Quest for Speed
“For serious readers who are hungry for a good dose of early
cycling history and 19th century cycling technology!”
QUEST FOR SPEED – A History of Early Bicycle Racing, 1868 – 1903,
by Andrew Ritchie
Throughout its early history, the heavily technology-based sport of bicycle racing was engaged in a discourse, in words and actions, with bicycle manufacturers. The debate, and the industrial and social activity,in the last quarter of the 19th century, documents an intense search about how the bicycle could best harness the physical capabilities of the human body and achieve speed, endurance, comfort and utility.
In this period, bicycle racing demonstrated a continually evolving symbiotic relationship between the sport and its specialized tool – the bicycle itself – a theme which is one of the central concerns of this book. During its early evolution, the changing functional design of the bicycle was heavily influenced by considerations of sport and speed, as well as those of comfort and practicality.
This book provides a chronological account of the emergence of bicycle racing and bicycle technology between 1867 and 1903, focusing to a large extent on Britain, but also investigating France and the United States as the two other major players.
As a social and cultural history, Quest for Speed gives an outline of the social and institutional organization of cycling and the wider cultural, economic and technological context of the sport. In doing so, it tackles themes of class, nationality, industry and commerce, the press, speed, and the physical capacities of the human body.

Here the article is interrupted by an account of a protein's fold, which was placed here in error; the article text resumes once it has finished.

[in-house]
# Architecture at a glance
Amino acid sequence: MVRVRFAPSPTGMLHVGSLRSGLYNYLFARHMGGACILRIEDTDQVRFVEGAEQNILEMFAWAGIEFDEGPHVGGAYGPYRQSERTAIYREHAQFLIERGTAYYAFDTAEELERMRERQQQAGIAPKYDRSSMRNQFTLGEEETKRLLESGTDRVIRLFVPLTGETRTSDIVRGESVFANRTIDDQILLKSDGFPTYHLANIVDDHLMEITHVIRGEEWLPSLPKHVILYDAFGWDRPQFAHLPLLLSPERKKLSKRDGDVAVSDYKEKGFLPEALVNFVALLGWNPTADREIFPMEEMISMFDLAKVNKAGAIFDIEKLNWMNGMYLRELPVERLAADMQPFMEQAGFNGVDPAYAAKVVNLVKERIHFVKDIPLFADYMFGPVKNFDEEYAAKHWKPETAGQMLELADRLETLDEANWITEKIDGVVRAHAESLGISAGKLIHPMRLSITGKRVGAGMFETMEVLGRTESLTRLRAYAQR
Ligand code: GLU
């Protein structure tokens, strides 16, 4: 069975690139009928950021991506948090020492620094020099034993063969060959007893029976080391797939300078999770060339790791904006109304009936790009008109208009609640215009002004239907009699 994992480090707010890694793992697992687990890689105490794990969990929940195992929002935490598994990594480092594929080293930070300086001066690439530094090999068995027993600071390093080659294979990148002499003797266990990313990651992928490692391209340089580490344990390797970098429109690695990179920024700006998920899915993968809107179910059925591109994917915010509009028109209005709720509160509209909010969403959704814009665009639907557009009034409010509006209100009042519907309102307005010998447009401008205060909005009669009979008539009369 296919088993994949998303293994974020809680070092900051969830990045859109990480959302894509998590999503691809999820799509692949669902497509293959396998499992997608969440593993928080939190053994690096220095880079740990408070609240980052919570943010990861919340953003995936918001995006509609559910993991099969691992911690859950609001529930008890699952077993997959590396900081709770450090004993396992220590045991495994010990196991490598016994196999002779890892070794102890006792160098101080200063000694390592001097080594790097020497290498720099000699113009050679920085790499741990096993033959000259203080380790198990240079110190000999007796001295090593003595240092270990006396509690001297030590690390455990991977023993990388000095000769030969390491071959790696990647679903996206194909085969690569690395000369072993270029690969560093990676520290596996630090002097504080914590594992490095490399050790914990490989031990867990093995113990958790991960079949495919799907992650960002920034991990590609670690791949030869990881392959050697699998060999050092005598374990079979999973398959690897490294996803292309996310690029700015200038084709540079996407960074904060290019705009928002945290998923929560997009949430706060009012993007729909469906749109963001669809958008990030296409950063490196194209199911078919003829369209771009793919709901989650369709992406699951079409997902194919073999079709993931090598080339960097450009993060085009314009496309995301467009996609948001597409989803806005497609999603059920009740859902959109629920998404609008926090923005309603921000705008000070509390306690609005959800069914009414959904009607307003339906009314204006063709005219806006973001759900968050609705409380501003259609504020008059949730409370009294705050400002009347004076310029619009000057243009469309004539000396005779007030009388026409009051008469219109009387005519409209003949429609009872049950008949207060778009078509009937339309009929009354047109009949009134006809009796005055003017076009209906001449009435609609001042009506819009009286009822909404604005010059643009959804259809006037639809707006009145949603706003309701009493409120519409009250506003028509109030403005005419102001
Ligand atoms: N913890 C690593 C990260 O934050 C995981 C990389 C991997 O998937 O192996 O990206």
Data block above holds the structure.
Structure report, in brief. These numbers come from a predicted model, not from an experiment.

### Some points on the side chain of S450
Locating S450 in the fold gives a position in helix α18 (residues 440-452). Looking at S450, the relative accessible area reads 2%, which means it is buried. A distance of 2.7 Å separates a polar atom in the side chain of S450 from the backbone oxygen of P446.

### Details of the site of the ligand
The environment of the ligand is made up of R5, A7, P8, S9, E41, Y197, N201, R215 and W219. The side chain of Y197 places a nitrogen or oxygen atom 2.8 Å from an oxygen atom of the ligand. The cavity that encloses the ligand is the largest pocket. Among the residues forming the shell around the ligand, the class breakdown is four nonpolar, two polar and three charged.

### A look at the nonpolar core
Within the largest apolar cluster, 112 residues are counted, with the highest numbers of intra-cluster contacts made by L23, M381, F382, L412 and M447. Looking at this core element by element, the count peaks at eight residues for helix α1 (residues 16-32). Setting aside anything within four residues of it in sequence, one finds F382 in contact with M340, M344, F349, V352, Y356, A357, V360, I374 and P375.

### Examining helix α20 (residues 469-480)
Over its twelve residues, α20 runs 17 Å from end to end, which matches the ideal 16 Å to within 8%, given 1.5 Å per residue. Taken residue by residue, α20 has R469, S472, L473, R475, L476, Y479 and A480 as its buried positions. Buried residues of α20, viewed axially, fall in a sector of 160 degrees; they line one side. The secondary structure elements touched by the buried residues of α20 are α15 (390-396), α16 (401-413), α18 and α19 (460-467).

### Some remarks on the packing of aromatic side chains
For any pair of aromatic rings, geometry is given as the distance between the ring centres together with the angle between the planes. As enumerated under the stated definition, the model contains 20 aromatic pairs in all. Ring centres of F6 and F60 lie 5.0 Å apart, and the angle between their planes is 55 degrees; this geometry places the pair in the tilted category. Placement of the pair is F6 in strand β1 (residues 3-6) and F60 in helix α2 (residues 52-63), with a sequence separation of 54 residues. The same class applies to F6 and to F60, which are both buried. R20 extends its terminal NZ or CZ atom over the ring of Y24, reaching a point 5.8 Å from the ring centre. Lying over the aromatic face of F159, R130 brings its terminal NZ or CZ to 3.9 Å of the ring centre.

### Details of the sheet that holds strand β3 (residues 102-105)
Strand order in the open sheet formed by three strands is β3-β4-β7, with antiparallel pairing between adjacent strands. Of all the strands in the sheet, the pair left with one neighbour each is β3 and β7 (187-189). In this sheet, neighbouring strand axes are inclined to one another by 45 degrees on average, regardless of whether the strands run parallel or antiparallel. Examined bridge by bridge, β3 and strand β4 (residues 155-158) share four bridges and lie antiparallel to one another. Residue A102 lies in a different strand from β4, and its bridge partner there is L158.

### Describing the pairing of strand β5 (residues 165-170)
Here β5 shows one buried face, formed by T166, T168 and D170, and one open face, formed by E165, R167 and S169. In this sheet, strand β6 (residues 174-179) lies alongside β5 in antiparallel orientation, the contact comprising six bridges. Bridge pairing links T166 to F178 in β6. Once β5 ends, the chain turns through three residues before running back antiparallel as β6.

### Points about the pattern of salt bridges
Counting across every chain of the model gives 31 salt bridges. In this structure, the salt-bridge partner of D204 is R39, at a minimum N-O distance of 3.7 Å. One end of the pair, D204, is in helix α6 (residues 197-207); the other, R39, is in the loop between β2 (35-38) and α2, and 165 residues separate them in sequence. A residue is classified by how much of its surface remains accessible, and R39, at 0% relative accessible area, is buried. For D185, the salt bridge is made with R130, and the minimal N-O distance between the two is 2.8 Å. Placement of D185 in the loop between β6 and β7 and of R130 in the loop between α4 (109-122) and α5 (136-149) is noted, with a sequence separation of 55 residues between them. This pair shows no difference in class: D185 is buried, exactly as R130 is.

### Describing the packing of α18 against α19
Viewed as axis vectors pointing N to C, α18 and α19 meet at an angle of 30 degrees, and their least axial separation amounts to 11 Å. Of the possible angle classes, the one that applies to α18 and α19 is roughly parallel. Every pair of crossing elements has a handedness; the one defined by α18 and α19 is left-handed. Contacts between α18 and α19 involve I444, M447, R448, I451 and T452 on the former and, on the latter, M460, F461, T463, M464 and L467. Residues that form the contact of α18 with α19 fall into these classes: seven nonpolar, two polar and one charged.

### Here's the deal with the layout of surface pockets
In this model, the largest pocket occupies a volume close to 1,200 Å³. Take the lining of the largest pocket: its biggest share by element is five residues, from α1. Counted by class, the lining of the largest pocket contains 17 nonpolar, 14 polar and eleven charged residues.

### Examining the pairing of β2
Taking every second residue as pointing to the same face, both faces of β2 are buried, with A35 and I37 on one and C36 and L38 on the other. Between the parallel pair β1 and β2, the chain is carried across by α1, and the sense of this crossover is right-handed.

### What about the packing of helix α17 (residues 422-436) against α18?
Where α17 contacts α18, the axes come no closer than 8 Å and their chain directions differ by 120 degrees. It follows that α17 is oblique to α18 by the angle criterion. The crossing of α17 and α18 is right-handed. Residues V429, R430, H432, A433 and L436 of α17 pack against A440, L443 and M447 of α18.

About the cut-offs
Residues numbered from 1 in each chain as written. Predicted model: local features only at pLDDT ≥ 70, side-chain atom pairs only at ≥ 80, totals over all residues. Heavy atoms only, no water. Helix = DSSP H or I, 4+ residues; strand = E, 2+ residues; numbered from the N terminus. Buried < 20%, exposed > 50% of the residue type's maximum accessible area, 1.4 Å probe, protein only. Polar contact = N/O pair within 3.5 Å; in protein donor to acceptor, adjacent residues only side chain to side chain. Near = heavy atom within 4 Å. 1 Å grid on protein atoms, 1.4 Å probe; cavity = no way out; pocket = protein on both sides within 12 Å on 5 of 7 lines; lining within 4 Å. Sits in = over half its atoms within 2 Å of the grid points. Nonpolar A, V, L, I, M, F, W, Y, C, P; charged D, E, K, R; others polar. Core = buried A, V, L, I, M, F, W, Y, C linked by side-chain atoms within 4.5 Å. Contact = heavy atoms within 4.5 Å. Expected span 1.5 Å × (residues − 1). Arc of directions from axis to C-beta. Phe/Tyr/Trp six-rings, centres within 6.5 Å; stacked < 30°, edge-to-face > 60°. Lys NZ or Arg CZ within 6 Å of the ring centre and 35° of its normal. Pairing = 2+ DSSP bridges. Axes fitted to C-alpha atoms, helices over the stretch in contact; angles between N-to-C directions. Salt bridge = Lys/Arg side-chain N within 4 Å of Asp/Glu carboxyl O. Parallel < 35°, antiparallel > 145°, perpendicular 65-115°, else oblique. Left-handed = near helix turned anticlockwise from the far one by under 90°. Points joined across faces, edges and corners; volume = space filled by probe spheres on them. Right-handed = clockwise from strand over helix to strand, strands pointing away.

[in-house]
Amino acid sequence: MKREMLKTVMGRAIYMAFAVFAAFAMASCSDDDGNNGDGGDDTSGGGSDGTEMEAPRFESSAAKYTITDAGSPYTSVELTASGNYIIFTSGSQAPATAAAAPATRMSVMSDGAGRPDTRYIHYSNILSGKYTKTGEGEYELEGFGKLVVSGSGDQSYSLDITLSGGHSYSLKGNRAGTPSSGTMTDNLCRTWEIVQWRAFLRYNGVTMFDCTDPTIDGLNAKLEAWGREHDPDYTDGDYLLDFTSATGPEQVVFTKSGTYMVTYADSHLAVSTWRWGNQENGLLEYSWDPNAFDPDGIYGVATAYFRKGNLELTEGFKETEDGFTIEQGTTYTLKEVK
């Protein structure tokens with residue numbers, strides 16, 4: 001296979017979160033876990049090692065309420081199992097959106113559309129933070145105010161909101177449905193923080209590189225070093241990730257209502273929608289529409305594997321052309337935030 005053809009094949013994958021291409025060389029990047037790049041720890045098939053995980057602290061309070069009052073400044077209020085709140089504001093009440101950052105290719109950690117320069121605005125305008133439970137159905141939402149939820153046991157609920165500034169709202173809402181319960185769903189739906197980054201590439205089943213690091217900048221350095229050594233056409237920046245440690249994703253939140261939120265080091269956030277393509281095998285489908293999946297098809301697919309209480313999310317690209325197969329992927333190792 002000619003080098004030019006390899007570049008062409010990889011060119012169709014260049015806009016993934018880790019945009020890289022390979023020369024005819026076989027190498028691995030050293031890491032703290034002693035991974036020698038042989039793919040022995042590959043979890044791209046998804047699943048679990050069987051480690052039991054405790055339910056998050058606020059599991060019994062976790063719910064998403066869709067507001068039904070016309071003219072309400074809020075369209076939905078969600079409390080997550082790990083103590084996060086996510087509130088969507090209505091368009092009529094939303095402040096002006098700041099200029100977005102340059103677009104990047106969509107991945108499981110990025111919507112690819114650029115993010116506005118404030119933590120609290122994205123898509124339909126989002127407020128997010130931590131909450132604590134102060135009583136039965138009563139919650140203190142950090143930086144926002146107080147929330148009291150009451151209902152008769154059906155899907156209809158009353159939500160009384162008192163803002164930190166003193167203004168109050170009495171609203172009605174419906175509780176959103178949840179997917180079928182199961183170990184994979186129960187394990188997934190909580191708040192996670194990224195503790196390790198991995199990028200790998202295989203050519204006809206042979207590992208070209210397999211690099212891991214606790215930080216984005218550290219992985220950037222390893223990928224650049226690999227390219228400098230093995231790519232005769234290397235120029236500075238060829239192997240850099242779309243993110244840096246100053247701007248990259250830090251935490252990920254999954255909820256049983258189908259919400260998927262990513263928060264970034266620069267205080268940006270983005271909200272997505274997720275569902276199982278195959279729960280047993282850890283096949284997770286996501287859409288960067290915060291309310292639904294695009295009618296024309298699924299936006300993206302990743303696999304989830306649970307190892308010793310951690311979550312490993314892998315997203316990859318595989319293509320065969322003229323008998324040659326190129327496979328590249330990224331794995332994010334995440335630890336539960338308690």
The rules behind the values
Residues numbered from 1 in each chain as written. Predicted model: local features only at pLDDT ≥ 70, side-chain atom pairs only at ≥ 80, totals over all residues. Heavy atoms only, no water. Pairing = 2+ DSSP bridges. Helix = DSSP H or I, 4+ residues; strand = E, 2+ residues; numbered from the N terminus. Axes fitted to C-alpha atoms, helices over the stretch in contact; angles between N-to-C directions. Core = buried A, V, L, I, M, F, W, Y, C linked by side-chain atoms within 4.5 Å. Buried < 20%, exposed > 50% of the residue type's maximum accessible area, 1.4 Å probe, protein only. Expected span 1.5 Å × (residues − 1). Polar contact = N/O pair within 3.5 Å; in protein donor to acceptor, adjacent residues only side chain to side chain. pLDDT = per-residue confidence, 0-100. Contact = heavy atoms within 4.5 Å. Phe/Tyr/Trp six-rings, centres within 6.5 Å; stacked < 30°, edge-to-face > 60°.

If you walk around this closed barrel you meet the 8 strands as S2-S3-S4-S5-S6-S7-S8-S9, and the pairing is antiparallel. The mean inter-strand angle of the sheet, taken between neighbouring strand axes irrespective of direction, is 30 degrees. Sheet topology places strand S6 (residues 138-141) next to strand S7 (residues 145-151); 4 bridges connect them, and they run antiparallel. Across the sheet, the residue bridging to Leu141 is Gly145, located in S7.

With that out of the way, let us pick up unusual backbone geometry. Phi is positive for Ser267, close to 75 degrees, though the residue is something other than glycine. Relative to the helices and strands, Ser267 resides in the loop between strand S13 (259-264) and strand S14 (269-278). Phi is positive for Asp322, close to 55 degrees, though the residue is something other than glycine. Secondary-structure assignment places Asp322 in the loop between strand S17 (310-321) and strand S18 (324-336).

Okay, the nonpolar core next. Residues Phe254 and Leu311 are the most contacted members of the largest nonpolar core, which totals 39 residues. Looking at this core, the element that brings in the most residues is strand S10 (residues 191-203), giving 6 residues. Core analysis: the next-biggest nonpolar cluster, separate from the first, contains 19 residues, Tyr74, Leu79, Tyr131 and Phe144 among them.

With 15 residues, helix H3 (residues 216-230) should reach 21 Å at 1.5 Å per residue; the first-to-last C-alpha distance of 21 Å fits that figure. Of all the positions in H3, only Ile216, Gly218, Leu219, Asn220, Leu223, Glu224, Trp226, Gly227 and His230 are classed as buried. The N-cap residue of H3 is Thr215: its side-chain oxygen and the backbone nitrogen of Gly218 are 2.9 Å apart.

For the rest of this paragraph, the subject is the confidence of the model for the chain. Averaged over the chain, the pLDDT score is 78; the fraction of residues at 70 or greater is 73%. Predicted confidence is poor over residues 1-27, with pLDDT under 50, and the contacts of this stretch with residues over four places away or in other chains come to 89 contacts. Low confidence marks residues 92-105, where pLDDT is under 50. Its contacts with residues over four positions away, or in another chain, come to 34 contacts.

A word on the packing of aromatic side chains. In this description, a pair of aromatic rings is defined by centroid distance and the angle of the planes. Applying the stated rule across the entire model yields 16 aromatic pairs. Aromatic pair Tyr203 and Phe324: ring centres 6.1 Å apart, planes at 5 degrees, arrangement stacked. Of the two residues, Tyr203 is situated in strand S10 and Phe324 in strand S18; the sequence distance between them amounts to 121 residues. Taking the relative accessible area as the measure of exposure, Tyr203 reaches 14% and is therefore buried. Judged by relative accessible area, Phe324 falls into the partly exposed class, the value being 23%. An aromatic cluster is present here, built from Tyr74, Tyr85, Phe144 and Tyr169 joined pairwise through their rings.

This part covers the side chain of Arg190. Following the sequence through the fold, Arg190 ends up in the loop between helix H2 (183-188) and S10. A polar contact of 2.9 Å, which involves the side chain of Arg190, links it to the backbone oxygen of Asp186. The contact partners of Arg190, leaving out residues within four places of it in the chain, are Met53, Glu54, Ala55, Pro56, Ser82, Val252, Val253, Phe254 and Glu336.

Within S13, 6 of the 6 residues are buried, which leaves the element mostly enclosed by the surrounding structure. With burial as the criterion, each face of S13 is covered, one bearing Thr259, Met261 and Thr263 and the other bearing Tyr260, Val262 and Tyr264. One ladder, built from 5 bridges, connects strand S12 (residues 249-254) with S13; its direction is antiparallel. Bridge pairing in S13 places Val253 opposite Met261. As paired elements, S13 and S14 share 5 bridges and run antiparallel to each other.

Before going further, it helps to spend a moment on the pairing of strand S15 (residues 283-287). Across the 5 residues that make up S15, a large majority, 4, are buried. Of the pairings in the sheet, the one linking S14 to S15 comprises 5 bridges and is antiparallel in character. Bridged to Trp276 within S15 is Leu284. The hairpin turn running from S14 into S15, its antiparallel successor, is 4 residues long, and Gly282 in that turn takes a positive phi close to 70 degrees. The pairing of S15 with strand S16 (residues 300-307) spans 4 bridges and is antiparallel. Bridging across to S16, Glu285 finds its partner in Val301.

Two themes have been crucial in motivating the organization of the book. Firstly, the ambivalent nature of the bicycle, both as a tool of sport and recreation and also as a method of practical utility transportation; and, secondly, the inextricable relationship between bicycle sport as both competition and recreation and the emerging bicycle industry and wider patterns of commerce and consumption.
The 19th century cycling ‘industrial complex’ presents a well-developed, early historical example of a ‘modern’ sport used to market constantly changing products to consumers. Designers, manufacturers, advertizing and marketing personnel and the cycling press were engaged in a new style of commercial activity dedicated to ‘the sport and pastime’ of cycling.
Quest for Speed – A History of Early Bicycle
Racing, 1868 – 1903
Table of Contents
– Sport, speed, technology and modernity
1. The origins of bicycle racing in England: technology, entertainment, sponsorship and publicity
– The earliest bicycle racing
– The beginning of commercial bicycle production, 1865-69
– Velocipede developments in France and the United States, 1867-69: their influence on the British sport
– Charles Spencer’s London gymnasium
– Bicycle competition as athletic novelty and public spectacle
– Links between manufacture and sport
– Varieties of competitive activity
– An elite emerges: match racing and championships